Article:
Apple is adding more features in iOS 11 that are designed to guard your digital privacy from anyone who catches your iPhone. The policeman who just threw you in jail cannot access the data.
Its new features include changes designed to make extracting the data from a seized phone far more difficult without the phone’s six-digit passcode. And while those changes seem aimed at protecting iPhone users’ data from run of the thieves. It could also mark another escalation in Apple’s tensions. Law enforcement officials and customs agents who want the ability to extract data wholesale from the phones of criminal suspects and travelers at the border.
According to a blog post from Russian forensics software firm Elcomsoft Apple has made at least two significant changes to iOS 11. It may create new hurdles for those trying to access the innards of a seized iPhone. First, they’ve added a crucial step to the process of moving a phone’s contents to a forensic analyst’s desktop computer. A change that could significantly reduce the amount of data police can access on seized phones. Even if they manage to confiscate them in an unlocked state.
In recent versions of iOS, any iPhone plugged into an unfamiliar computer would ask the user if he or she was willing to trust that new machine before exchanging any data with it. That meant if cops or border agents were able to seize an unlocked iPhone or compel its owner to unlock a locked one with a finger on its TouchID sensor, they could simply plug it into a desktop via a cable in its lightning port, choose to trust the new machine with a tap, and upload its contents using forensic software like Elcomsoft or Cellebrite. That’s particularly important because courts have found criminal suspects can’t plead the Fifth Amendment and refuse to offer their fingerprints, as they sometimes can with a password or passcode.
But in iOS 11, iPhones will not only require a tap to trust a new computer, but the phone’s passcode, too. If forensic analysts do seize a phone while it’s unlocked or use its owner’s finger to unlock it, they still need a passcode to offload its data to a program where it can be analyzed wholesale. They can still flip through the data on the phone itself. But if the owner refuses to divulge the passcode, they can’t use forensic tools to access its data in the far more digestible format for analysis known as SQLite.
The SQLite databases that forensic tools can pull from phones. Often include supposedly deleted messages from iMessage, Whatsapp, and Viber. Even after you’ve deleted it, records of the data is still there. But without the kind of database access gained by copying the phone’s data to a PC. Investigators will have no way to recover those potentially hidden gems of evidence.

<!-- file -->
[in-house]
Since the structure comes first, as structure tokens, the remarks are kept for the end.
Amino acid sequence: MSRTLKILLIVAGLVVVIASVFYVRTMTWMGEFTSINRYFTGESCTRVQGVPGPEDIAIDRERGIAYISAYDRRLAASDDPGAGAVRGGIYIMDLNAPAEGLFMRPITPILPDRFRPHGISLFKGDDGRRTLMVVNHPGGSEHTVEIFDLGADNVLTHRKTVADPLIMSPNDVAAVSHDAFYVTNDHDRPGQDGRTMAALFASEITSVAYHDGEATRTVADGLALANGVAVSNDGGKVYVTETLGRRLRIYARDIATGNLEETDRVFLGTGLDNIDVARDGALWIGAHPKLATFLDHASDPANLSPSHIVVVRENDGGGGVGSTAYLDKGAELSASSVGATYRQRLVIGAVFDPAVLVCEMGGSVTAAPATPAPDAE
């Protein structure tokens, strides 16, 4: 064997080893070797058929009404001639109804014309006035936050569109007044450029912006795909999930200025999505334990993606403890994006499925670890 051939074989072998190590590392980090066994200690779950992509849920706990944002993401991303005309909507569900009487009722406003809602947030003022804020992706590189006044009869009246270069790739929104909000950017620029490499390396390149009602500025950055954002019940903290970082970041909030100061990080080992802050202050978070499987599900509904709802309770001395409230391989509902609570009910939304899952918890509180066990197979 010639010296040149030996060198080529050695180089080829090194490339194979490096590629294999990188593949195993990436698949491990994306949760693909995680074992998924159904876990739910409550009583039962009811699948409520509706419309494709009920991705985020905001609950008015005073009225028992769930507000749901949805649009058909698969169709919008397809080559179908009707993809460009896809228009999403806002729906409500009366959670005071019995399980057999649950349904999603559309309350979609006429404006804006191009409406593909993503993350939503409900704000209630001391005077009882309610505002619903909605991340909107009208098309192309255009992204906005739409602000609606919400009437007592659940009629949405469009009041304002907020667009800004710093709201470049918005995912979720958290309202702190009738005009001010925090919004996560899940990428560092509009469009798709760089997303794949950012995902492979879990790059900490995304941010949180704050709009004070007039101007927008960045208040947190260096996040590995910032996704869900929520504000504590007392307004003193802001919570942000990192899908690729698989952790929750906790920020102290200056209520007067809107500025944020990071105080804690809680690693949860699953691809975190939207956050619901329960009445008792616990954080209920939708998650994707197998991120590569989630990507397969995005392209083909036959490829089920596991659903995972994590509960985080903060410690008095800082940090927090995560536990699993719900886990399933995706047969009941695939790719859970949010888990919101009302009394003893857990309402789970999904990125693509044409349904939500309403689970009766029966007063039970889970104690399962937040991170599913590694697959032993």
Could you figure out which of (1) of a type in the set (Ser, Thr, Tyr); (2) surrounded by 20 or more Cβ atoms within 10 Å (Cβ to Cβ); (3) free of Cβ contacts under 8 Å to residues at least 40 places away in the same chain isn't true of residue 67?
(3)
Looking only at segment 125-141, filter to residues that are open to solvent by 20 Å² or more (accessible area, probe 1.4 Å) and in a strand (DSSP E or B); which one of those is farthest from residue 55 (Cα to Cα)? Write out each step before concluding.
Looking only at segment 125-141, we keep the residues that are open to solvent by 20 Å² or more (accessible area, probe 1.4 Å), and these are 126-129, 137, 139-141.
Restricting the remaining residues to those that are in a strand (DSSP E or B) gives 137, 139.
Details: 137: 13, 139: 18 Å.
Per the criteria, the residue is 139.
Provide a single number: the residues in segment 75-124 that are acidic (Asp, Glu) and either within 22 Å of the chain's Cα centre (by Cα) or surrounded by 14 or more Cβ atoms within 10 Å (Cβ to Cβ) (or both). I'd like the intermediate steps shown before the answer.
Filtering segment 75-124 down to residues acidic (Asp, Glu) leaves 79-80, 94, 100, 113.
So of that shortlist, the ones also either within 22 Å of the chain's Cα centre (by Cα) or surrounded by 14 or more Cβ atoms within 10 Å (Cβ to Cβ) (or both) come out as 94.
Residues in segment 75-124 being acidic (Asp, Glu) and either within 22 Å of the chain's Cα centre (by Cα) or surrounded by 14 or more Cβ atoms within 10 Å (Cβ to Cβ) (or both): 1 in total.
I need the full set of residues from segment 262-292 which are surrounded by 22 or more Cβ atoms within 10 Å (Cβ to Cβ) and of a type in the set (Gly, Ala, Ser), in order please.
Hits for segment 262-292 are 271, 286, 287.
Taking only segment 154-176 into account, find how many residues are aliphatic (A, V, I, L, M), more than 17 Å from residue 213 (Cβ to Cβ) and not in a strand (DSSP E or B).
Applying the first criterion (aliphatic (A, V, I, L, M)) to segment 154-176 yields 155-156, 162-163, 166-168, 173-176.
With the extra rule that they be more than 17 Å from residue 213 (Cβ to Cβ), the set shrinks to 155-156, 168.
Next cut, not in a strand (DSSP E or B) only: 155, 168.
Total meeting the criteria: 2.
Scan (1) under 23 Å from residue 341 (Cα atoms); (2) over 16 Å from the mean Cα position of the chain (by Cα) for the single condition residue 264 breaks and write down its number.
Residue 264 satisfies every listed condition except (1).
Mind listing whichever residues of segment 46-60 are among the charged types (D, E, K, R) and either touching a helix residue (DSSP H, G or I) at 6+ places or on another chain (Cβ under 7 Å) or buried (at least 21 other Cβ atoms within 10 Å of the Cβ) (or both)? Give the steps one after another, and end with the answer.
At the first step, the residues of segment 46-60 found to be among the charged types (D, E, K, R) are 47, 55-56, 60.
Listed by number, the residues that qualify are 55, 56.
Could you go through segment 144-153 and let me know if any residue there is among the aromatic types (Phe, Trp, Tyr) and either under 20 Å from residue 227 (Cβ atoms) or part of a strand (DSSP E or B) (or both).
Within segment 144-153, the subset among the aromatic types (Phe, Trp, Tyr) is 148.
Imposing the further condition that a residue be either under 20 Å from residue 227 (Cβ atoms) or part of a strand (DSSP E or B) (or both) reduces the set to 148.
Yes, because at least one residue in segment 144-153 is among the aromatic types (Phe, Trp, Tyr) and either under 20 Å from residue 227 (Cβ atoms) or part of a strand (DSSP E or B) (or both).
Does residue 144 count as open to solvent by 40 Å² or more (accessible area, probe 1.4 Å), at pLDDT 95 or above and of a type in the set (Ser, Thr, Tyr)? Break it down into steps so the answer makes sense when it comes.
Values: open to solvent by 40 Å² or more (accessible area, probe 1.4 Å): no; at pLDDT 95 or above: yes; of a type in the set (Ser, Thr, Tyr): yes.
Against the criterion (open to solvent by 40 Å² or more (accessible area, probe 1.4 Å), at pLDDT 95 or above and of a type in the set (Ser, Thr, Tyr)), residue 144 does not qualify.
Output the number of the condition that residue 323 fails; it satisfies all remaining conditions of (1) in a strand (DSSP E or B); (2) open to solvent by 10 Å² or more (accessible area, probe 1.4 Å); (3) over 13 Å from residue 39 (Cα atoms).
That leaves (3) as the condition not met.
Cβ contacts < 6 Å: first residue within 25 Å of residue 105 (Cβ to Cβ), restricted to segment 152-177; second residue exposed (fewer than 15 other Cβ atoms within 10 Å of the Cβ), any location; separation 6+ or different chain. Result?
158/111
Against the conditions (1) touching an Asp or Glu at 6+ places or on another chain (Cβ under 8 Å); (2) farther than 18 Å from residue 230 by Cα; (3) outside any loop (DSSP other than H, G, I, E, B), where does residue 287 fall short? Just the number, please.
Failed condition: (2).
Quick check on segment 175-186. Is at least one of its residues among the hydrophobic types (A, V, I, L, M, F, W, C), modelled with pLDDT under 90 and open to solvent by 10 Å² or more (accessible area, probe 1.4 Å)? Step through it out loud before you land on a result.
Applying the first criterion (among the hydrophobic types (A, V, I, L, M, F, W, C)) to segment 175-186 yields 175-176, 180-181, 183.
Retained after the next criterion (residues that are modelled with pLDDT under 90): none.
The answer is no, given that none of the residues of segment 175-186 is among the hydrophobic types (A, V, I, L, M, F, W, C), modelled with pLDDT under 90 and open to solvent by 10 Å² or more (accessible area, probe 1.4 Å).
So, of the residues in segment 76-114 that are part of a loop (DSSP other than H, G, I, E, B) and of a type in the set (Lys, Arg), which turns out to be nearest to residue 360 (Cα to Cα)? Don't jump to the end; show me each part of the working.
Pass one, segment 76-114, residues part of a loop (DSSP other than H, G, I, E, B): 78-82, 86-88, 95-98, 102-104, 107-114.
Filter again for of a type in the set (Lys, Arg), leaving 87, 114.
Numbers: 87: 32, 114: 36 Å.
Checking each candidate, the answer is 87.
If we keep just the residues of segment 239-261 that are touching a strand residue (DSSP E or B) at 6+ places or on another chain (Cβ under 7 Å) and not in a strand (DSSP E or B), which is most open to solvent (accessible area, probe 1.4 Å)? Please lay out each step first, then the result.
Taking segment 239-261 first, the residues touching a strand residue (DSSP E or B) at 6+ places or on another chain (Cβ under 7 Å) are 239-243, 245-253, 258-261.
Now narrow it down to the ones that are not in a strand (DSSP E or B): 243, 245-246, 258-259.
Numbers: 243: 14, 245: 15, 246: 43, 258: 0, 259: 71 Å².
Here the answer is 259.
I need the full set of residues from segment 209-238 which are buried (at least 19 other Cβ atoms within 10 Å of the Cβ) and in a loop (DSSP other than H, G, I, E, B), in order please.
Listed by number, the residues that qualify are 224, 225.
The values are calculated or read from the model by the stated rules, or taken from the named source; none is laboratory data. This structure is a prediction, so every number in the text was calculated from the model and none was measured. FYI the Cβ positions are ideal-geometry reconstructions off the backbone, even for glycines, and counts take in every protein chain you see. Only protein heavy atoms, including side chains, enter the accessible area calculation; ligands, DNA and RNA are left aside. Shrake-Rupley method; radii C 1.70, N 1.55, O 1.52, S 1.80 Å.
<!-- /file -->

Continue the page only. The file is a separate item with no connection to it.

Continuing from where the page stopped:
Customs and Border Protection agents can take advantage of a bizarre loophole. In the fourth amendment to search Americans’ devices at the border without even obtaining a warrant. For past versions of iOS, that’s meant they could take your phone, copy its contents to their own computer. Analyze that private data at their leisure. Now, they can only look at a phone’s data manually on the spot. While you’re physically present at the border, or by taking the more drastic step of seizing the device.
Apple SOS feature
Apple’s developer beta for iOS 11 also reveals a more straightforward protection against searches of a seized iPhone. In the form of a new iOS feature called S.O.S. mode. Tap the phone’s home button five times, and it will launch a new lockscreen with options to make an emergency call. It offer up the owner’s emergency medical information. But that S.O.S. mode also silently disables TouchID, requiring a passcode to unlock the phone. That feature could be used to prevent someone from using the owner’s finger to unlock their phone. But it also provides quick way to disable TouchID before police kick in your door. If pulled you out of a car and arrest you. Powering the device off works too, though it may be slightly slower.
Another new feature expected in the iPhone 8: face recognition. As Facebook chief security officer Alex Stamos hinted in a tweet. Unlocking your iPhone by showing your face is not secure method of authentication.
Disabling that feature along with TouchID and falling back on requiring a passcode. In some situations where the phone is likely to be out of the user’s control. Serves as a smart way to balance the convenience of facial recognition against the privacy risks it creates.